Functionality vital to success of health IT, Cleveland Clinic CIO says

Cleveland Clinic CIO C. Martin Harris believes that technology in healthcare must have functionality and the ability to truly interact with patients for it to have any value.

"If you go online and the only thing you can do is see test results, it's a minimal value for both the physician and the patient," Harris tells Computerworld in a recent interview. "When you have a tool where you can share all the information and you can use that tool to alert both the physician and the patient to something that needs to happen, that's a shared experience."

The healthcare industry, as a whole, has a long way to go before it can claim that technology truly makes a difference, according to Harris. Referring to the Meaningful Use incentive program to adopt electronic health records, he tells Computerworld that there's a distinction between simply implementing such tools and actually getting value out of them.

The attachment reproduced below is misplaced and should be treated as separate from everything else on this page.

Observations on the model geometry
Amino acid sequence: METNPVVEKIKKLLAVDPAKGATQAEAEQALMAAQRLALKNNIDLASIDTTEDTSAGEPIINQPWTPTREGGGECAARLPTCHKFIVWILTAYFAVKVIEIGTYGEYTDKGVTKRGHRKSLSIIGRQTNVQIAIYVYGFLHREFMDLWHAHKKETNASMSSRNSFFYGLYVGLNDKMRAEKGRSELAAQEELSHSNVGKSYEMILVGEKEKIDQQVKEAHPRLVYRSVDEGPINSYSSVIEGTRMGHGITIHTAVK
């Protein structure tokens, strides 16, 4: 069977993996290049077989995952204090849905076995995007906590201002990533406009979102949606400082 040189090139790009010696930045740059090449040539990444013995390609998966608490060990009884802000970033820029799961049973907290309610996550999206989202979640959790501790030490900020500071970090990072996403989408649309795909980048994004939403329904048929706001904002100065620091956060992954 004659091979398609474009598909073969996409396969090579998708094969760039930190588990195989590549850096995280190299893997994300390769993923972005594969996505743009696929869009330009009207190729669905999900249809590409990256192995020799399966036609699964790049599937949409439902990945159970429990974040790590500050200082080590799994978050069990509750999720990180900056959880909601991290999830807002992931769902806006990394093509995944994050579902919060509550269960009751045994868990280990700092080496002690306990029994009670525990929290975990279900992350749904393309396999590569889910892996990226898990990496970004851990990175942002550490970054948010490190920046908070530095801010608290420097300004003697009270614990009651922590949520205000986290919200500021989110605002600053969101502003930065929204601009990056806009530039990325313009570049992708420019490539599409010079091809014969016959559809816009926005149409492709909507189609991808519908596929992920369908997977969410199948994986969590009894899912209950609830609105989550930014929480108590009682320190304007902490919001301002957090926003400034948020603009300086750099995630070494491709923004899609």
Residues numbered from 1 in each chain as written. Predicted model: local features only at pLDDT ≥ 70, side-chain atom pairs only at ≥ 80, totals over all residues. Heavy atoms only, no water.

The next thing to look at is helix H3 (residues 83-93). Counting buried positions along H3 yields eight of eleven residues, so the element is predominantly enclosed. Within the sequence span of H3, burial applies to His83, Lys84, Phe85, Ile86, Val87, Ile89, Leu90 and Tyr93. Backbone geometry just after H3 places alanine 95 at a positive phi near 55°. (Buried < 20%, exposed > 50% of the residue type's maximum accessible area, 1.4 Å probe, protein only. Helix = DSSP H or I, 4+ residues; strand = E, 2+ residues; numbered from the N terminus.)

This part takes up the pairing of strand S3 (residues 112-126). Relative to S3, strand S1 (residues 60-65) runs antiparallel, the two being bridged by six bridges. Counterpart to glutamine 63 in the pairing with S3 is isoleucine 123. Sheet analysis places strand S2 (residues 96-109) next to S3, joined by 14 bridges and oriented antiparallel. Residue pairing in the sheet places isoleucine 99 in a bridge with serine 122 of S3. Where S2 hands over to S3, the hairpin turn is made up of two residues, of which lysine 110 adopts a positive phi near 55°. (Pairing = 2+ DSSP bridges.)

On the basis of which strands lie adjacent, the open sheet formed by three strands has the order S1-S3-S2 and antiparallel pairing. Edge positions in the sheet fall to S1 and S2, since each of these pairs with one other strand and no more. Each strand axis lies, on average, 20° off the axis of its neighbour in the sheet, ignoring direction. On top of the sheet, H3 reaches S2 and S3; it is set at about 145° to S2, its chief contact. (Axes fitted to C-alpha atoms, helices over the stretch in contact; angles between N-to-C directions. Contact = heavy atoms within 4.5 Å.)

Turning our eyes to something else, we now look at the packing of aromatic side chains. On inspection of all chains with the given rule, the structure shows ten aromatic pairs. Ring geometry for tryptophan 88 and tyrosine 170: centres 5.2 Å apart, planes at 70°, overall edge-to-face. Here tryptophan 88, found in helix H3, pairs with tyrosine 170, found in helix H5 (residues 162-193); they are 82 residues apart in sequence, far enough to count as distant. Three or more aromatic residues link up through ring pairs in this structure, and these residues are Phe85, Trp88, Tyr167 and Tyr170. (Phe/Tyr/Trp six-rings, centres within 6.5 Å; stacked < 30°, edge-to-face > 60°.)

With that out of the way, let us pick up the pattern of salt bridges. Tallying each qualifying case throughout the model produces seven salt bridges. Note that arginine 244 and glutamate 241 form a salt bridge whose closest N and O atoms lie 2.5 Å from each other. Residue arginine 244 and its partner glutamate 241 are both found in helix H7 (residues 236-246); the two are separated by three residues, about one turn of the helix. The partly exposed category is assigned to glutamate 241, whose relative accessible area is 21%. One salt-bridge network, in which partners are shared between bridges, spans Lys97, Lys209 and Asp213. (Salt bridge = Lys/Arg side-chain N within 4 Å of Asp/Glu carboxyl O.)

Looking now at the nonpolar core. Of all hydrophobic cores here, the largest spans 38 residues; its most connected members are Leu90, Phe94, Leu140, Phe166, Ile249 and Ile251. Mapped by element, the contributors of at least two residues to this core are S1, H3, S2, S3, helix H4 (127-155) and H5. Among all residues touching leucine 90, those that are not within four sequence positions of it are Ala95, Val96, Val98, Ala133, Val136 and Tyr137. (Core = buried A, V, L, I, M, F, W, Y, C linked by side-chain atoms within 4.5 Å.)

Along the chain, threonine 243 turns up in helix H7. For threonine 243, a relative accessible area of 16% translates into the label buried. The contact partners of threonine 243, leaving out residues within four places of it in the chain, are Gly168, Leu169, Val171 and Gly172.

"My sense is, we're about 30 percent toward that goal," Harris says. "But when I say 30 percent, I mean fully functional … that you've actually fully implemented [an EHR] and are getting rid of other things."

Research published recently in JAMA Internal Medicine determined that the Meaningful Use program--while successful at getting physicians to use EHRs--is not necessarily associated with quality improvements for patients. The researchers studied the treatment of adult outpatients at Brigham and Women's Hospital in Boston and affiliated ambulatory practices during a 90-day reporting period in 2012 to assess if there were quality improvements on seven measures for five chronic diseases: hypertension, diabetes mellitus, coronary artery disease, asthma, and depression.

Of 858 physicians assessed, 63 percent were "meaningful users" of their EHRs. However, there was no association between attaining Meaningful Use and quality. Meaningful Use was "marginally" better for diabetes and hypertension, marginally worse for asthma and depression, and no better or worse for the remainder.

To learn more:
- read Harris' interview in Computerworld

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